The Turner & Hooch show (not the movie) on Disney+ is really cute. Bridgerton on Netflix is fun and season 2 just came out!
After my most recent egg retrieval, I started rewatching Psych on Amazon Prime.Join Amazon Prime – Watch Thousands of Movies & TV Shows Anytime – Start Free Trial Now
What shows or movies do you nap through really well?
You could also try reading a fun book or playing a game on your smartphone or Nintendo Switch.
I’m not a big gamer, but I like playing Stardew Valley and Animal Crossing. Yep, those are my kind of games.
Exercising After Retrieval
You’ll want to avoid high-impact exercises, including anything where you’re jumping.
Because your ovaries are enlarged, especially if you’re a high responder and had over 12 eggs, there is a risk that they could twist which is a complication that you don’t want to deal with.
Remember that your ovaries are typically the size of almonds but during stims grow to the size of lemons or even oranges.
Instead of running or HIIT workouts, this is a good time to do gentle low impact exercises.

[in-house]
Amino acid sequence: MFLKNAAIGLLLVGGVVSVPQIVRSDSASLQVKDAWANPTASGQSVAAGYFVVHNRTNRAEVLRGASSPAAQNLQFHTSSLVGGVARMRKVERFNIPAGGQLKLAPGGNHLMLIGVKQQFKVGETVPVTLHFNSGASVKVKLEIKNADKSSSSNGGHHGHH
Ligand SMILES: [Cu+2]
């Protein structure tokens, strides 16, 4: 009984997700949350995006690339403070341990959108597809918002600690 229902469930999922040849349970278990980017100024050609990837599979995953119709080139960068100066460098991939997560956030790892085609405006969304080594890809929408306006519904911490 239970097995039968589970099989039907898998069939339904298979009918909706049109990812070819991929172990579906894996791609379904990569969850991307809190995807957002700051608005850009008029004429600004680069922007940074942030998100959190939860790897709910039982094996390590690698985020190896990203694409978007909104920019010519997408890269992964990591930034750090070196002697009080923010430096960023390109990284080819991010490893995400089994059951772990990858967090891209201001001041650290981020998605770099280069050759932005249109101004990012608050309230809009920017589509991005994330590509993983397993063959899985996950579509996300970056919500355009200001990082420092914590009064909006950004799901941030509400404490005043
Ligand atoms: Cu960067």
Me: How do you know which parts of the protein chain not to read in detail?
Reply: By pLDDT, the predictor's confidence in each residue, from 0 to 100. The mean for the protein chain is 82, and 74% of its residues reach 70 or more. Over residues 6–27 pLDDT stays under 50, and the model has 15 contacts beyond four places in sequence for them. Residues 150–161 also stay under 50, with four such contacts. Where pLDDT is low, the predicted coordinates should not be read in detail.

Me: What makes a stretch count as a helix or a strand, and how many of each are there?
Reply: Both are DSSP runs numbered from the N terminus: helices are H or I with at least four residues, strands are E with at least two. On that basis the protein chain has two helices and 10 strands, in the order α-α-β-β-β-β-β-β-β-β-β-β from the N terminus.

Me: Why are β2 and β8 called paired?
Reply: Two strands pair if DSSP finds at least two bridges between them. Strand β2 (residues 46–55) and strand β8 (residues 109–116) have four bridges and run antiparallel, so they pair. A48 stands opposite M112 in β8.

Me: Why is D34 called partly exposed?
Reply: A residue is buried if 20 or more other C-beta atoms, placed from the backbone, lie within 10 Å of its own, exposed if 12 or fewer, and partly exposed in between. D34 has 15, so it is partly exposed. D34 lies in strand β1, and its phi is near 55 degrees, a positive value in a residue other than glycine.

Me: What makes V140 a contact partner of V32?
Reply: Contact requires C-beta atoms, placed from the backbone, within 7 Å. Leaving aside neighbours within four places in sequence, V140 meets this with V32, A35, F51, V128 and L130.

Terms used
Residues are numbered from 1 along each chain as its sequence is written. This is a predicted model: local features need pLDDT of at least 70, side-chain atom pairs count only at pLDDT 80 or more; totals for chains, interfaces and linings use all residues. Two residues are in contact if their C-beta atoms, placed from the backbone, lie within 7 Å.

Some calming exercise options include:
- Tai Chi
- Light swimming
Check with your clinic for how long to wait after your retrieval before doing more intense exercise.
Egg Retrieval FAQ:
Is IVF egg retrieval painful?
During the actual procedure, you’re under sedation, so you won’t feel anything. Afterward, it’s normal to experience some cramping and spotting.
I had cramping for a few days after and was bloated for 2-4 weeks. I was also a high responder with over 12 eggs, just something to keep in mind.
How long does it take to recover from egg retrieval?
Egg retrieval recovery time can vary depending on how many eggs your ovaries grew. You’ll want a day or two to take it easy. More if you have ovarian hyperstimulation syndrome.
It can take a couple of weeks for your ovaries to recover and for the bloating to decrease.
As a high responder, it usually takes my body about a month after retrieval to feel completely back to normal.
What do you wear to egg retrieval?
Wear loose, comfy clothes. Think sweats or yoga pants (not tight leggings) with a loose top.
Dresses are a great option if it’s warm. This one fit me well despite being extremely bloated. I seriously looked 6 months pregnant at least.
Wear full-coverage undies and bring a pad for after in case you have some spotting.
Use your glasses, leave the contacts at home. Bring a glasses case so your partner can hold onto them
Sneakers are ideal for staying on your feet if you need to shuffle out to the car and these stretchy laces mean you don’t have to deal with bending over to tie them.